According to research by Forrester, people don’t wish to go out of their way for support. This   put companies in the position of having to keep up when their customers are blazing new trails. As Forrester put it in a recent report, “Customers will explore emerging channels to reduce friction. Customers want to move between channels without having to repeat their situation every time. They want to get service at any point in their pre- or post-purchase journey.” This need for flexibility and responsiveness becomes a serious problem when customers are unable to reach a company’s agents as quickly as they would like to. Then, once connected, customer frustration ramps up rapidly when they can’t adequately resolve their issue through a voice-only conversation. So, the undermined customer loyalty and increased cost becomes a lose-lose scenario for businesses.

Of course, there are more effective methods to deliver mobile customer service that enhance as opposed to detract from the customer experience., Mobile service specialist UJET will share detailed information on how organizations can to transition from voice-only interactions to engaging their customers on a variety of rich and responsive messaging channels. On Thursday, May 27 at 1:00pm, UJET will present a complimentary webinar on CrmXchange entitled “Mobile Support For Cost-Effective and Enhanced Customer Experience.”

Josh Mazgelis, Solutions Consultant, UJET, will draw on his 25 years of contact center experience. He will discuss how to cost-effectively deploy the company’s cloud-based mobile-focused customer satisfaction platform to enable customers and reps to share photos and videos, take screenshots, and even combine voice and text together. Among the topics to be covered are:

  • Enabling end-users to easily share multimedia with agents
  • Elevating the customer experience with Rich Communications Services
  • Using data intelligence to customize and improve support channels

Register now to see how your company can upgrade its mobile service. If you can’t attend the live webinar, a link to it will posted 24 hours after it is presented.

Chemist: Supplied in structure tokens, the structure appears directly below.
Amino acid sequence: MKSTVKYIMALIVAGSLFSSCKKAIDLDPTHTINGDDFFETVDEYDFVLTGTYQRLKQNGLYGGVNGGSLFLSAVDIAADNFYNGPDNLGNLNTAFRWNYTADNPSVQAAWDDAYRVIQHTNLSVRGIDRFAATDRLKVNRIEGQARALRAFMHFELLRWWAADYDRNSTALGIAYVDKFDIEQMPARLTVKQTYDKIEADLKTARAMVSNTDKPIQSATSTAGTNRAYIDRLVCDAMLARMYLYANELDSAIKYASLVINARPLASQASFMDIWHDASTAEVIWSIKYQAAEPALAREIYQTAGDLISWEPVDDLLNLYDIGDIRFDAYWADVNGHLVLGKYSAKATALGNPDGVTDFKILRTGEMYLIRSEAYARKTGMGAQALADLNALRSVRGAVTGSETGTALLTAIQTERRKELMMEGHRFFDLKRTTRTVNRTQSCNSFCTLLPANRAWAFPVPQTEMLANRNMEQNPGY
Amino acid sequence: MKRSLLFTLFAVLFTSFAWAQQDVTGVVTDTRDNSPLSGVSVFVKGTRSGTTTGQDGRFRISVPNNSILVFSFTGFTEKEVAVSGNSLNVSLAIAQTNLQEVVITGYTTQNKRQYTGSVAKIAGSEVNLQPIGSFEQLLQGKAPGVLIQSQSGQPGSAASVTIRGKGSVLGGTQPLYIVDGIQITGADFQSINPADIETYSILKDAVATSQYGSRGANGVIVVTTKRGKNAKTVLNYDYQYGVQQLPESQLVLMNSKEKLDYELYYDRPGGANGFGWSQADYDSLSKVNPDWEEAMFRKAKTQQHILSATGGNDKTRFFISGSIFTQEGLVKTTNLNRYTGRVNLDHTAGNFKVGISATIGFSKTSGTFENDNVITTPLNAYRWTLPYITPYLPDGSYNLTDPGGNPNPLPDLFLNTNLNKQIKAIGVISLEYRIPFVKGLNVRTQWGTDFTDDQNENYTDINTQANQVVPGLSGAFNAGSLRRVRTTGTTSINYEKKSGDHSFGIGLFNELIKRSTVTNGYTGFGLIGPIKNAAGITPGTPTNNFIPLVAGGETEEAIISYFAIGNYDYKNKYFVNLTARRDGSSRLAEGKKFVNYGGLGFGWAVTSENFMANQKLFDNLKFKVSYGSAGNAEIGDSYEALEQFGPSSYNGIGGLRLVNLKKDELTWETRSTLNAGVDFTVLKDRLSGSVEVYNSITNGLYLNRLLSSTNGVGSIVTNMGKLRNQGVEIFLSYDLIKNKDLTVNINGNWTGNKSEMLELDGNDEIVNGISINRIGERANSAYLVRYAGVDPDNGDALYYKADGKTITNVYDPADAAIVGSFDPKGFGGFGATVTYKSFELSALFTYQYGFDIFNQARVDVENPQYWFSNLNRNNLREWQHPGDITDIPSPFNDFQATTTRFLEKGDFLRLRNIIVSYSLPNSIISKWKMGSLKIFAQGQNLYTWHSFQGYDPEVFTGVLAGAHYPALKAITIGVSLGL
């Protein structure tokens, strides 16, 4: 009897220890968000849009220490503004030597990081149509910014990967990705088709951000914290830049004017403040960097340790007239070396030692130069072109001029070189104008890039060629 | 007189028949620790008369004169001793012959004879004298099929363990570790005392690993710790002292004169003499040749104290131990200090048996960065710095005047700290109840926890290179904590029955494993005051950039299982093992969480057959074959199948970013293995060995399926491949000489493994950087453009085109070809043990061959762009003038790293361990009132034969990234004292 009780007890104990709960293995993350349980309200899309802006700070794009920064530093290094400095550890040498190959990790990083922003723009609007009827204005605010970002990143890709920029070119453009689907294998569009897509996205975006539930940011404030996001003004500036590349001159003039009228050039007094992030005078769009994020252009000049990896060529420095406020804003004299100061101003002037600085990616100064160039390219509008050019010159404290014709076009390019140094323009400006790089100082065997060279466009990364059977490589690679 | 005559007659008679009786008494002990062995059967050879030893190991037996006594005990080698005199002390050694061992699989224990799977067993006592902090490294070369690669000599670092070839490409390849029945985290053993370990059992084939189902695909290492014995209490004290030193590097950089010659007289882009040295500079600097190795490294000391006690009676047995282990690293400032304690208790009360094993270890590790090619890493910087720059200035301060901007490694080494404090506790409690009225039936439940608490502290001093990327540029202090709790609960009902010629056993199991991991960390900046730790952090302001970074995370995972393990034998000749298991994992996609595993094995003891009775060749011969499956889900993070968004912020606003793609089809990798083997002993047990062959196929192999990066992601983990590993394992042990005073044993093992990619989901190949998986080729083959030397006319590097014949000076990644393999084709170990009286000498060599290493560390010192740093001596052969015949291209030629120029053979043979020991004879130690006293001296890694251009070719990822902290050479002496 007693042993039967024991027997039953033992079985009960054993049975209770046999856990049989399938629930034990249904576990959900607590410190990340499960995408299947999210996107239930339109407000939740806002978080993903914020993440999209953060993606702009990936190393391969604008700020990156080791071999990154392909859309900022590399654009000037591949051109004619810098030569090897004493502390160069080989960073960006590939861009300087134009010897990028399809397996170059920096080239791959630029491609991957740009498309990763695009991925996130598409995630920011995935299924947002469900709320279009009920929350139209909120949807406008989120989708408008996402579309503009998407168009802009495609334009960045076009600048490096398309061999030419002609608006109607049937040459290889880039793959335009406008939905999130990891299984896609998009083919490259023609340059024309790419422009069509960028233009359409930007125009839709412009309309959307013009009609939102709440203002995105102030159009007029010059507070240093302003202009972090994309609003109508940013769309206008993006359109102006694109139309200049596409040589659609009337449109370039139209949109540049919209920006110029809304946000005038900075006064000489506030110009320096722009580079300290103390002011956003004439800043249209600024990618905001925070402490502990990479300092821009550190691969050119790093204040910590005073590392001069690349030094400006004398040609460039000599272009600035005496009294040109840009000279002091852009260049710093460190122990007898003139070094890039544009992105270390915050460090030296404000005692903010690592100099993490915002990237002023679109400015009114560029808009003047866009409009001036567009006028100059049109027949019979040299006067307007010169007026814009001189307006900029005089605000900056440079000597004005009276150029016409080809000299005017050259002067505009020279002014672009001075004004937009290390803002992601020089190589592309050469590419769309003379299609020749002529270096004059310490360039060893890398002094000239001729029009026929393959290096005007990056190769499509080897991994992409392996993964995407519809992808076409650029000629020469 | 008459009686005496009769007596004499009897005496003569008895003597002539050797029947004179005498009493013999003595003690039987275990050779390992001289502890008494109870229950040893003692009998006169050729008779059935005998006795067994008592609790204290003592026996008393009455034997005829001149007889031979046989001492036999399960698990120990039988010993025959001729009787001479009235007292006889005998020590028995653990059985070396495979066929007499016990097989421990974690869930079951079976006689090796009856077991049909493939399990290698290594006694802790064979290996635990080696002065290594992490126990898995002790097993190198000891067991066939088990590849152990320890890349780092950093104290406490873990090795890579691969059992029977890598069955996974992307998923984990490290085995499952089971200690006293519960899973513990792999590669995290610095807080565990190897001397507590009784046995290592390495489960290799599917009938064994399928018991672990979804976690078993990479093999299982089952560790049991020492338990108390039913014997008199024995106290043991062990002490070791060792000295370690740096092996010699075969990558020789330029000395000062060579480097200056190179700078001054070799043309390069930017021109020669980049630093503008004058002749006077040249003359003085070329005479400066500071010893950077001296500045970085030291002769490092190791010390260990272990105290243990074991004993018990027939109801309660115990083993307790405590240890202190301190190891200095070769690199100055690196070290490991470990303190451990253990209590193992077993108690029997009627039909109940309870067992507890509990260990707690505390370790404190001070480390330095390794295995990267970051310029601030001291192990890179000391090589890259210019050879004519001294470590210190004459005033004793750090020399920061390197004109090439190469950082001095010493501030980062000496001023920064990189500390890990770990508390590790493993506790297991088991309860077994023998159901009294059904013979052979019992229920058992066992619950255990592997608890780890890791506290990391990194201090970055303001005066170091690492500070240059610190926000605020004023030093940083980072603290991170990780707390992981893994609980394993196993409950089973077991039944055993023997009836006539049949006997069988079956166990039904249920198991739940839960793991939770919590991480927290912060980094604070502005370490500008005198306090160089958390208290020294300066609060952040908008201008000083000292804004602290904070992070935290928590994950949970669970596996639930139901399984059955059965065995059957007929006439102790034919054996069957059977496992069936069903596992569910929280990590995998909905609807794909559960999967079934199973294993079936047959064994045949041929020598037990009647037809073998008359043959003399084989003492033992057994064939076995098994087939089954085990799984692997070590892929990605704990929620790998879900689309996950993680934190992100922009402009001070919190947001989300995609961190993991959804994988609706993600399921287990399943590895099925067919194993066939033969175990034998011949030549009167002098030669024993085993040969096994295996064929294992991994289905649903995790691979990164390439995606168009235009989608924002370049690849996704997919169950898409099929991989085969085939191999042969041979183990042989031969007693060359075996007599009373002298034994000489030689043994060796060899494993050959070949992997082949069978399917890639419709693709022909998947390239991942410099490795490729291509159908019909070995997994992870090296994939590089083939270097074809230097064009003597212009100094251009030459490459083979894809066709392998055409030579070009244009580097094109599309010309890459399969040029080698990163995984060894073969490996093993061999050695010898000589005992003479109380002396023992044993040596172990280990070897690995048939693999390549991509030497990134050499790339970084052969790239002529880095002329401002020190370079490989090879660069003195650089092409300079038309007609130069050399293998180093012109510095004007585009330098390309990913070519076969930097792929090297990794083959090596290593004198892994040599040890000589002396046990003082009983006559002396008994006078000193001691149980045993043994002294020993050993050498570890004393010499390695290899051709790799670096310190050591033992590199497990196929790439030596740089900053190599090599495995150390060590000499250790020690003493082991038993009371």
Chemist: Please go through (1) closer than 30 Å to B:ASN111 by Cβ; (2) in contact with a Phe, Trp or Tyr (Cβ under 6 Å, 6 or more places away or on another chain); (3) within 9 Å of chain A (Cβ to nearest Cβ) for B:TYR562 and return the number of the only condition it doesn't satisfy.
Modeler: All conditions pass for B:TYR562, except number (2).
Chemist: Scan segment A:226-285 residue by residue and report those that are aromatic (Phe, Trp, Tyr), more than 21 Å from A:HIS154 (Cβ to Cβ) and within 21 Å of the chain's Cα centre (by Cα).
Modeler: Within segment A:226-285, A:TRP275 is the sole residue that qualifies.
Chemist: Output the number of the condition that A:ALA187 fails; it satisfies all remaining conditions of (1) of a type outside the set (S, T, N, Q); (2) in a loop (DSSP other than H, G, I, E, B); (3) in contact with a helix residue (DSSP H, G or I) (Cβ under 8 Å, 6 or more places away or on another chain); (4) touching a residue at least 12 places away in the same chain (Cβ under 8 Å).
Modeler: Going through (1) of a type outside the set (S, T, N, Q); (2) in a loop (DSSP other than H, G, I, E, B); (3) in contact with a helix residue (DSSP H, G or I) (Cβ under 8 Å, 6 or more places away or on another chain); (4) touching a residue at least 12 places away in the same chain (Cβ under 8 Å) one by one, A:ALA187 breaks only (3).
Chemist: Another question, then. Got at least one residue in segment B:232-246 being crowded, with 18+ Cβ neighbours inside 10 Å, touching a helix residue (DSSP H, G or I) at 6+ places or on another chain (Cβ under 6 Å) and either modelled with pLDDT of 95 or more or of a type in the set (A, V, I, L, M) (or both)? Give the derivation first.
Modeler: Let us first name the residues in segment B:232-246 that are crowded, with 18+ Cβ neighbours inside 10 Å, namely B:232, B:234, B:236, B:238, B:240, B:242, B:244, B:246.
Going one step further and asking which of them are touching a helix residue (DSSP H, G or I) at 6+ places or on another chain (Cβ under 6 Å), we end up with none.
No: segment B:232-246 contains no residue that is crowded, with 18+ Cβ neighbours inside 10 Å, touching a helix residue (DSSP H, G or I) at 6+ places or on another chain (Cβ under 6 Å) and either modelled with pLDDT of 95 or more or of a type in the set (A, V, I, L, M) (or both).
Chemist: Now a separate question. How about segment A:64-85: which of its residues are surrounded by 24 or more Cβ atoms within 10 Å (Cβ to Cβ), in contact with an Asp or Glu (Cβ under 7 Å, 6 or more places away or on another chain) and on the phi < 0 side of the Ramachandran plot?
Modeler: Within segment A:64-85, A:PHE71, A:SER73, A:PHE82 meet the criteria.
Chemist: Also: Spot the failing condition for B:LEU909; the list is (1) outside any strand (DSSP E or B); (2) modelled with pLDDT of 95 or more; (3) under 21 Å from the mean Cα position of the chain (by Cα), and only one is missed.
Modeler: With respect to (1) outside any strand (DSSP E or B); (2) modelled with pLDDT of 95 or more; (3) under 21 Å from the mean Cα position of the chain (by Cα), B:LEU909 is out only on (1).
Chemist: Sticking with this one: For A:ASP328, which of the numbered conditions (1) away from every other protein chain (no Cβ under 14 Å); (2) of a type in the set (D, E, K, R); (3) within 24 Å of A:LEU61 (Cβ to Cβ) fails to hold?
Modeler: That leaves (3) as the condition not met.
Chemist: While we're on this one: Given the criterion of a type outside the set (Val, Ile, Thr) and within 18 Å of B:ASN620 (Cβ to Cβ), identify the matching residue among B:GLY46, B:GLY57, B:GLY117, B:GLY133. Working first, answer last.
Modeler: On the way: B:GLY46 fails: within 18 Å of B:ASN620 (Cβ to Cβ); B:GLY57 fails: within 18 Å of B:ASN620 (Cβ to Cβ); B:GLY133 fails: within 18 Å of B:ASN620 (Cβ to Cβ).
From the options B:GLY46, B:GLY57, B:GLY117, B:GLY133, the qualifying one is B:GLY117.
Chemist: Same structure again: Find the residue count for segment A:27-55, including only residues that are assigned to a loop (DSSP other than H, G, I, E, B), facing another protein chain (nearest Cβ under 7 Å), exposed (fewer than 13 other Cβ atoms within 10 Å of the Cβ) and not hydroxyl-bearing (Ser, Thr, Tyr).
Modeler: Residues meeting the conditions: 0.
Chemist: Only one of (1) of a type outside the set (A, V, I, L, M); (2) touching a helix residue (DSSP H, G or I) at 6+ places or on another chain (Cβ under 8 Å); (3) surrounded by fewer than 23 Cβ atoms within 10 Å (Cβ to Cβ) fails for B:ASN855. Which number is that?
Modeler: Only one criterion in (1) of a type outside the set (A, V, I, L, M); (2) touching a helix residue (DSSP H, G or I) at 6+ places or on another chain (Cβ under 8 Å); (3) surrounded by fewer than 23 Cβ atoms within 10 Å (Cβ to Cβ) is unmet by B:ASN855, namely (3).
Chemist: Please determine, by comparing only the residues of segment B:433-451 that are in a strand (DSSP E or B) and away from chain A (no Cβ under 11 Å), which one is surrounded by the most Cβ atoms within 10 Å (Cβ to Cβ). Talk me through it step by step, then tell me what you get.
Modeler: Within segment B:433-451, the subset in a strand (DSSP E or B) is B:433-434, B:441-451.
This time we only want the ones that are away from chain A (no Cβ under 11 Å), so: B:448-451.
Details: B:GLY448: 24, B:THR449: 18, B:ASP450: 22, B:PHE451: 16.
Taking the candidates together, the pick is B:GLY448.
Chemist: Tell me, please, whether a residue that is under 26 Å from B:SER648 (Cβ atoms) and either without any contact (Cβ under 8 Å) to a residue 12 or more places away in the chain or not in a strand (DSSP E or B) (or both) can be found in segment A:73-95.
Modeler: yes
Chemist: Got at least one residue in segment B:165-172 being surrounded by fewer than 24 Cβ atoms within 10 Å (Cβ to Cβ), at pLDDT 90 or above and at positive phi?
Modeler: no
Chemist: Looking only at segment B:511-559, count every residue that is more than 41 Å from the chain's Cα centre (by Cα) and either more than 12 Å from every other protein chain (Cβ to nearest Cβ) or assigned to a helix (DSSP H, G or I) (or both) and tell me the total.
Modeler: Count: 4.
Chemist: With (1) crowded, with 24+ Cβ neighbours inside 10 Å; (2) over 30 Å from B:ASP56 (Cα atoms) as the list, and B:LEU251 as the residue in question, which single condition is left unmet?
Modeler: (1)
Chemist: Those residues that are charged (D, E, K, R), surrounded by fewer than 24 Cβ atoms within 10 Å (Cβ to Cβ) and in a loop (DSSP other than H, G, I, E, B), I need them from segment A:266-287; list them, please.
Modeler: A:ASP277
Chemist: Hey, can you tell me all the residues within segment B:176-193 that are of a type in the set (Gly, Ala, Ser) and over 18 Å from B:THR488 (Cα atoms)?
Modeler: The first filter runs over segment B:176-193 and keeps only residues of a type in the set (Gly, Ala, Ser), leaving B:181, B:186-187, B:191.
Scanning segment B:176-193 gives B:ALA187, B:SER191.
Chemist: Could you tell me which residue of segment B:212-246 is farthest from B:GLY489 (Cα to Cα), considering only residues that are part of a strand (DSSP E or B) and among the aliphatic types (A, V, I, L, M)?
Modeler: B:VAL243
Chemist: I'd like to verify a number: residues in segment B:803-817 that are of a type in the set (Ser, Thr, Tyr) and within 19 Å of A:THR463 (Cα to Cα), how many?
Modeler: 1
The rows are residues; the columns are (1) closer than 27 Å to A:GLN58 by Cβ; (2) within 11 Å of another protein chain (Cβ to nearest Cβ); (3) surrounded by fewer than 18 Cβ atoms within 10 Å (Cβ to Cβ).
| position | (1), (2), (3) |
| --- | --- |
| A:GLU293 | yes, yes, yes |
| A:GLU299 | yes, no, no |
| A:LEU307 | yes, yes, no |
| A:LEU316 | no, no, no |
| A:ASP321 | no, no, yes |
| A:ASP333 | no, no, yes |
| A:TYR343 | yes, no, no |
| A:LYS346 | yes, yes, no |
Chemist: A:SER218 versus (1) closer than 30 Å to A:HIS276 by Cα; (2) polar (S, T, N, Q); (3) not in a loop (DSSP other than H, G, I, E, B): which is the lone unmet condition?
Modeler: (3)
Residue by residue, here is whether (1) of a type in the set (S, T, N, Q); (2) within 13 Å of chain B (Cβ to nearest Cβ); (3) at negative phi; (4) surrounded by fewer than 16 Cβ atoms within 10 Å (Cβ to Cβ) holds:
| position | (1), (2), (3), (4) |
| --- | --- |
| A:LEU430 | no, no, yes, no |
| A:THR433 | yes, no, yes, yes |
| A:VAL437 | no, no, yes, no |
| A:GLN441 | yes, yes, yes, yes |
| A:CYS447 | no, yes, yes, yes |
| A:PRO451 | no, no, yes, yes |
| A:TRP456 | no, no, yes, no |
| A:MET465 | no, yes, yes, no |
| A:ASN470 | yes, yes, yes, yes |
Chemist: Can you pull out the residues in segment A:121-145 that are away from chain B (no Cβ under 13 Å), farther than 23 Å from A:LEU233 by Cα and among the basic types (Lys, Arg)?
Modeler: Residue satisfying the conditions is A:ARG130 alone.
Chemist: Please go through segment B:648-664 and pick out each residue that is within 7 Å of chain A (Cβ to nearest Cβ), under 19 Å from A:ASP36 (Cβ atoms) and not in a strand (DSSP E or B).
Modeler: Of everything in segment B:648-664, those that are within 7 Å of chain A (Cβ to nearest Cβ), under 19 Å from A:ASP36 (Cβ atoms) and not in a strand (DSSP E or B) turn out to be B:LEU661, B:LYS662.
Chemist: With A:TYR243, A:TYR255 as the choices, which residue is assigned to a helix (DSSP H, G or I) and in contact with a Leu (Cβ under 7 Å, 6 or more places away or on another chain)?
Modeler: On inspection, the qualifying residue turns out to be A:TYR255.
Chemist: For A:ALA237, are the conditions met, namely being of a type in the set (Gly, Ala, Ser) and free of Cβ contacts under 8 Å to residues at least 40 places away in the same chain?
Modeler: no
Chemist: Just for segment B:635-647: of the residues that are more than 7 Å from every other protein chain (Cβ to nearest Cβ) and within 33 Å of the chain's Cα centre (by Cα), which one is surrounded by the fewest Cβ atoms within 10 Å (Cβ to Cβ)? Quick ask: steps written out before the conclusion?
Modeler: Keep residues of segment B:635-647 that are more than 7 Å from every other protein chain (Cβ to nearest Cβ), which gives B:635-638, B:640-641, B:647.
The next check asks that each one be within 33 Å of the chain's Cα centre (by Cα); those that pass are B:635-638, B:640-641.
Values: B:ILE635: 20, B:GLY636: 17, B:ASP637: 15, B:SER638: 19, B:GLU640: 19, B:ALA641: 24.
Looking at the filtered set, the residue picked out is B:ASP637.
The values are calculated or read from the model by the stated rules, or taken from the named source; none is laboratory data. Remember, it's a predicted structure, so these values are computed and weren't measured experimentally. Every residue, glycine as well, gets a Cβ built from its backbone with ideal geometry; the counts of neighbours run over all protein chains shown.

An Online In-Depth Education Program Without the Cost and Inconvenience of Traditional Live Conferences

While there are numerous quality live conferences in the CX/contact center space that delve into workforce optimization, attending these events often entails a series of complex decisions. First, you must determine if it includes enough seminars that are relevant to your specific needs and exhibitors with the right solutions to advance your program. Then, you need to obtain approval and funding, plan the details of the trip and make sure all your responsibilities are covered while you are away. While some consider traveling to an event a welcome break from routine, others find it a time-consuming, expensive disruption that they simply can’t justify.

The need for ongoing education in this critical operational area continues to grow. Over the past 12 years, an increasing number of workforce planning professionals have found a flexible, no-cost, no-travel alternative in CrmXchange’s annual online Best Practices in Workforce Optimization virtual conference, produced in conjunction with the Quality Assurance and Training Connection (QATC) and the Society of Workforce Planning Professionals (SWPP).

Over the past two years, the event has been expanded to provide even more in-depth education. For 2019, it will take place the first two weeks of November, with the first week (November 4-8) focusing on QA and Analytics and the second (November 11-15) examining strategies for Workforce Management and Performance Optimization.

The enhanced conference content reflects the evolution of how contact centers now approach workforce planning responsibilities. It used to be handled in independent groups, with one team handling quality assurance, another conducting training, and yet another developing agent schedules. Supervisors often tried to do coaching with no input from other functional areas, while managers simply ran and reacted to reports. But this disconnected approach no longer works in today’s complex, omnichannel contact center environments. Workforce Optimization is a wide-ranging field that now encompasses all these elements as a unified discipline. And the CrmXchange virtual conference provides WFO professionals with the year’s most convenient and comprehensive opportunity to gain greater insights on the latest technologies, tactics and best practices.

Attendees have the opportunity to meet in real time with industry experts and colleagues who can answer their questions and offer business solutions tailored to their contact centers, without the cost and time away from the office of an on-site conference. Anyone can attend learning sessions the same way they would in an on-site conference.

The format allows entire WFO teams to share newly acquired knowledge throughout an organization. Team members can attend live sessions together or attend different session tracks. All sessions will be recorded and available on demand for one week after the conference – giving those who could not attend the initial presentation the opportunity to view the sessions later.

In addition, attendees can visit the virtual exhibit hall to download product videos, and obtain product information, press releases, white papers, and much more. Sponsors, including Calabrio, CallMiner, NICE, NICE inContact and Verint, are ready to share the latest innovations that may benefit your contact center.